Photos: View, search, and edit photos
When your photos and videos have been synced, you get four major panes to navigate through your collection: Photos, Albums, Assistant, and Sharing. In the Photos pane, images and videos are arranged in date order. Use pinch and zoom gestures to see images by date or view images in thumbnail, small, medium, and large sizes, so that one photo takes up the whole screen. In full screen mode, you can edit your photo by applying built-in filters, adjusting hue and lightness, and cropping to change aspect ratio or transform.
Albums: Image organization
The Albums icon at the bottom of the mobile app reveals the People, Places, Things, Videos, Collages, Animations and Videos views, breaking down the content of your images to help you quickly search and find the shots you’re looking for.
The People module (to which you can also add pets) uses facial recognition technology to group people together, and try to match different shots to different faces. The tech did an impressive job of recognizing faces shot decades apart. The Places module groups images according to their location-enabled GPS. Things relies on object recognition to place objects in categories from skyscrapers to ducks to cats to churches to whatever it is you shot. The Videos cluster puts all your videos together and lets you play, download, share, add to an album, loop, archive, or trash the video. The desktop interface is similar to the mobile one.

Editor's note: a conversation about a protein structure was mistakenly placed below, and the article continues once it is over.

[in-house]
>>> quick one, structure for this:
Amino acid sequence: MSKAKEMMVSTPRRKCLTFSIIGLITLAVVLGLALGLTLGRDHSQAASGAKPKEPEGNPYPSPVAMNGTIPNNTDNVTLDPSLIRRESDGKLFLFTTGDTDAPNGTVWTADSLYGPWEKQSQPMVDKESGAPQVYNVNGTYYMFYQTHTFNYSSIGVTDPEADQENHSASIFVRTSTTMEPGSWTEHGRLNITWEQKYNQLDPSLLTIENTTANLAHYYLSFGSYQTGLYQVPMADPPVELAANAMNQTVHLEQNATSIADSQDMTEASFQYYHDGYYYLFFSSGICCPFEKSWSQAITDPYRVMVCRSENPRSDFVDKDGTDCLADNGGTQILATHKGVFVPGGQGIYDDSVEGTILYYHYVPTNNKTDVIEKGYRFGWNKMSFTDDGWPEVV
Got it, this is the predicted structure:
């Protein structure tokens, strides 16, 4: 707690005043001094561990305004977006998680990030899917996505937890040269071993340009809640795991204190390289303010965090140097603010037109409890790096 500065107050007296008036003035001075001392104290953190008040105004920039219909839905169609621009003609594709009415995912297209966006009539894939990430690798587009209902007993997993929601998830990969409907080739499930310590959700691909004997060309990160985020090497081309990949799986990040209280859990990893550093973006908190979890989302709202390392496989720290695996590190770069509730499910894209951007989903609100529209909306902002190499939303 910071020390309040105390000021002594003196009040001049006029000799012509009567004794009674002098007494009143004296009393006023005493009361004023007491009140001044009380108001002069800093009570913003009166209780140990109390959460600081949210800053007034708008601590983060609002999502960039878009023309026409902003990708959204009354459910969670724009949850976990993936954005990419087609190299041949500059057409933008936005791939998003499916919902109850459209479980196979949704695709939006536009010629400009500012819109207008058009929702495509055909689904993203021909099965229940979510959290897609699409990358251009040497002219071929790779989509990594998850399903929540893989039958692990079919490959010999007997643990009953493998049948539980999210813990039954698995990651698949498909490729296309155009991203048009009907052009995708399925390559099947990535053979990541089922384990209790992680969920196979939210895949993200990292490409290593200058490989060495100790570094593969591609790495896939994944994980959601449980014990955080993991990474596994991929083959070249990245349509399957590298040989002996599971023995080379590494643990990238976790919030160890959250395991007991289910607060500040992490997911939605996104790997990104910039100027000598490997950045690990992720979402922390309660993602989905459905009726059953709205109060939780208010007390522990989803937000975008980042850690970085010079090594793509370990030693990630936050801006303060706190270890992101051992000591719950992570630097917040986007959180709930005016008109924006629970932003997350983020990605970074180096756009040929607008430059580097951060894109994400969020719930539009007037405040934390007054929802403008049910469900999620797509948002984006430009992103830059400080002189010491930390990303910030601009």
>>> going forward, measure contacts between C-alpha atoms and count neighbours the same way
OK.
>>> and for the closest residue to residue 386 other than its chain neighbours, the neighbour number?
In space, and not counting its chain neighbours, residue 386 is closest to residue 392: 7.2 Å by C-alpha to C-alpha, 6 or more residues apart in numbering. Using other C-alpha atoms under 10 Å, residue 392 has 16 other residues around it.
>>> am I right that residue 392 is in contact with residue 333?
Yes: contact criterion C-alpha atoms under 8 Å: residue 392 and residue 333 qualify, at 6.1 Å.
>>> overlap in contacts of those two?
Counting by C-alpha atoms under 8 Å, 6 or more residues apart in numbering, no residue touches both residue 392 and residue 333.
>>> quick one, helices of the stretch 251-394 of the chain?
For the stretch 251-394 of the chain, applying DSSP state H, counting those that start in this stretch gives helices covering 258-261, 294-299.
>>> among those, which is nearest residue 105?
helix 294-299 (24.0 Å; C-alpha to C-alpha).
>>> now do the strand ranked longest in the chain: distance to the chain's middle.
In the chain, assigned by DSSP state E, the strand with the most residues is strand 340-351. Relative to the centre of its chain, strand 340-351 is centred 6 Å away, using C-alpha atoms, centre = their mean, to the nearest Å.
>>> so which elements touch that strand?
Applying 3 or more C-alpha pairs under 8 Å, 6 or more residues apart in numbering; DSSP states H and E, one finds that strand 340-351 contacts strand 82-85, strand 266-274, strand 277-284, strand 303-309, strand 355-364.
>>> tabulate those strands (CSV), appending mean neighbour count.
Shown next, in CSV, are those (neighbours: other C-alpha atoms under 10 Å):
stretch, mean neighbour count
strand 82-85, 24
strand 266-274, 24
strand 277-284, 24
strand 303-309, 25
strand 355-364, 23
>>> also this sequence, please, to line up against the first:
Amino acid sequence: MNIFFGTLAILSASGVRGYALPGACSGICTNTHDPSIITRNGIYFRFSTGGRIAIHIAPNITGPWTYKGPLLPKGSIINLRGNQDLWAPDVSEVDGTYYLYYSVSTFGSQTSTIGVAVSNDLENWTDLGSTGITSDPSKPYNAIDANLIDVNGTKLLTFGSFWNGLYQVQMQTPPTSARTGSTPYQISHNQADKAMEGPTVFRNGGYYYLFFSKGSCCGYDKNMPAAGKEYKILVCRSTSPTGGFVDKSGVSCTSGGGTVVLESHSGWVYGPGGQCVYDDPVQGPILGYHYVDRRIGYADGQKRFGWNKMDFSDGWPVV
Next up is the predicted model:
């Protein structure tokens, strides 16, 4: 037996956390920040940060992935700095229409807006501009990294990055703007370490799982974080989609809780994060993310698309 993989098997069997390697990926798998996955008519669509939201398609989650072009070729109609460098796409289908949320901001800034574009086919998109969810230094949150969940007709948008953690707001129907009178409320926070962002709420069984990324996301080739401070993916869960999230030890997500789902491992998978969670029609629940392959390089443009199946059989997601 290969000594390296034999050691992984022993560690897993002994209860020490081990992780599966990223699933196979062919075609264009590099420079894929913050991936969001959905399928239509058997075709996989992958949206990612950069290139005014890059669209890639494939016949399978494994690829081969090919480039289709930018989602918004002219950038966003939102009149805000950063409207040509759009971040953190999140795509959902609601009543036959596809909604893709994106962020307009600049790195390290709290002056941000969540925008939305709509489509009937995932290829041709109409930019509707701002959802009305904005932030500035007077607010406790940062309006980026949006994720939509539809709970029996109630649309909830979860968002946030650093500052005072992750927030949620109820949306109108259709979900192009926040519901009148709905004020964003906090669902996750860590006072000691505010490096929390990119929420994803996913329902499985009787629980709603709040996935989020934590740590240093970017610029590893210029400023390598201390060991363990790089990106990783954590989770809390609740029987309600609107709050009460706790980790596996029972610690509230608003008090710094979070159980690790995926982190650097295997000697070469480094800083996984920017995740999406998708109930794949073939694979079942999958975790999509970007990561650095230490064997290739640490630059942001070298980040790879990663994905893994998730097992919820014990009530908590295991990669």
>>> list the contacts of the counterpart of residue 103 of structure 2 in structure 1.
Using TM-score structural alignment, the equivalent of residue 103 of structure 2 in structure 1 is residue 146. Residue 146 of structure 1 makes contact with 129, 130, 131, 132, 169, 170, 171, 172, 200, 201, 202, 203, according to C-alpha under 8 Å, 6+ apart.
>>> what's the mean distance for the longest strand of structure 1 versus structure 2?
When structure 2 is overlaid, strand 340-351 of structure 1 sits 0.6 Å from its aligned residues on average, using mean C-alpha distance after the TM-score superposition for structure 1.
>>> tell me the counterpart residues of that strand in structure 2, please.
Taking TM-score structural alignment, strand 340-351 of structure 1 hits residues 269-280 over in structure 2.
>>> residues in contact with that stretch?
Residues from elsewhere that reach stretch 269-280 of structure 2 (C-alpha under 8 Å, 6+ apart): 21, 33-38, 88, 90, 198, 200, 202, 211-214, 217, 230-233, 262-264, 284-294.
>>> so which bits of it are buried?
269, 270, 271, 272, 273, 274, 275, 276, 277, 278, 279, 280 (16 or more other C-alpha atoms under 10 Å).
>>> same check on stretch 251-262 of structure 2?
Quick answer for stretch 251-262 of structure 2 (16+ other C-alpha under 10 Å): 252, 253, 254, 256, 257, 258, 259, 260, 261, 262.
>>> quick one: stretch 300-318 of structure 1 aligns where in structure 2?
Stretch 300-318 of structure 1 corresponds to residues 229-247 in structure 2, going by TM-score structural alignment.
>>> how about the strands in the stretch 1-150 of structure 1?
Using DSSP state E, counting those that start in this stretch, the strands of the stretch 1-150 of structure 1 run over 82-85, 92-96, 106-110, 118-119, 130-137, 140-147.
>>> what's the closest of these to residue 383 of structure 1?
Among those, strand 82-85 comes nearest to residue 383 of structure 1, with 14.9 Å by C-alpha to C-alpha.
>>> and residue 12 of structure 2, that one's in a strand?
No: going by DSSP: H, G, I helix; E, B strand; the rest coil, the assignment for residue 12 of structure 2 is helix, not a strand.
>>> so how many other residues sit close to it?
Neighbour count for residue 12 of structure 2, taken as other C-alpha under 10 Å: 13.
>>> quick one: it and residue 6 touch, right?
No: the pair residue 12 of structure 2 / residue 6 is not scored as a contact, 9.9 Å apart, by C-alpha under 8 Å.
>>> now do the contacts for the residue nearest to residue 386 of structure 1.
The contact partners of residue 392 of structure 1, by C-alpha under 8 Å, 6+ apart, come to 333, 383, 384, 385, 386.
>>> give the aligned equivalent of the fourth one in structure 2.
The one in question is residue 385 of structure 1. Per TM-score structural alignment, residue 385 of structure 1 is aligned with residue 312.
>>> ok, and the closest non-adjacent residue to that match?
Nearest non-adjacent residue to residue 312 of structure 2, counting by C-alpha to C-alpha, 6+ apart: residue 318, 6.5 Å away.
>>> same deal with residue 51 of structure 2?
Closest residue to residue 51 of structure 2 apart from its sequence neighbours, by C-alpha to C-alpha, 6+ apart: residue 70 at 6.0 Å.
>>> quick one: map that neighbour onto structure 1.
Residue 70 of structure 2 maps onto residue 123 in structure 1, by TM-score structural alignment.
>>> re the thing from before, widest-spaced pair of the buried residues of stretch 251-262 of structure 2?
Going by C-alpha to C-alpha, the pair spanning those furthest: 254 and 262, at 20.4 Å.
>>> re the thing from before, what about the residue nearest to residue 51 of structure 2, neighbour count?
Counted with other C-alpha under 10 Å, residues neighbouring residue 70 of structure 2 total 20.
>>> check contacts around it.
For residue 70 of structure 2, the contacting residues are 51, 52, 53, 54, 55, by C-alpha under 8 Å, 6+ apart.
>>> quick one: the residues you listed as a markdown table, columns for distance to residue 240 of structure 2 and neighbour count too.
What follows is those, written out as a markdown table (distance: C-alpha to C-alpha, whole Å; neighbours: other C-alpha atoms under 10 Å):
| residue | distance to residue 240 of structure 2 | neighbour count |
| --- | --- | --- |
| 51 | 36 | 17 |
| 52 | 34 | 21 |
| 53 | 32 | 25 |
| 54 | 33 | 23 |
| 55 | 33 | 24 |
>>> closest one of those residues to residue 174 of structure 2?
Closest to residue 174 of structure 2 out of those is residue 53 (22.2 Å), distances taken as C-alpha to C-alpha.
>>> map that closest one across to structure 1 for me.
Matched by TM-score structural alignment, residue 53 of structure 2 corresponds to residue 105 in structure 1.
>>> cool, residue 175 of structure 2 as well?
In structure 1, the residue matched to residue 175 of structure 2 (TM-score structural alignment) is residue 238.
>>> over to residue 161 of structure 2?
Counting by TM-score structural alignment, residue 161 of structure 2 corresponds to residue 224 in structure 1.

The Assistant — which is a lot easier to see on the desktop than on your phone — gives you all sorts of automated goodies that you can accept or reject, from gathering images or videos into a collage, adding a filter style, creating an animation from a burst of photos, or making a movie of your stills. Some ideas make sense, others are less than intelligent, but you don’t have to accept any of Google’s bright ideas if you don’t want to. Alongside the Assistant auto-creations, you can make original albums, photo books, and collages. Sharing gives you options to share your creation with specific people or on social media.
Desktop versions are integrated
If you have set up a Google account on your computer, you just need to choose your Google bookmark to access all of Google’s services, including Photos. As your phone syncs with the site, you will immediately see all of your uploaded photos regardless of which computer you use. The setup is through the Google website, so the interface for both Mac and Windows is virtually identical. What you see on your computer monitor is more or less replicated by the content on your smartphone.
Google Photos is a great, free way to back up your images in the cloud and get a few photographic perks and conveniences in the bargain. Both mobile and desktop apps are easy to use with recognizable interfaces spanning both platforms. While not long on editing tools, there’s just enough to get your photo or video presentable before sharing with the world.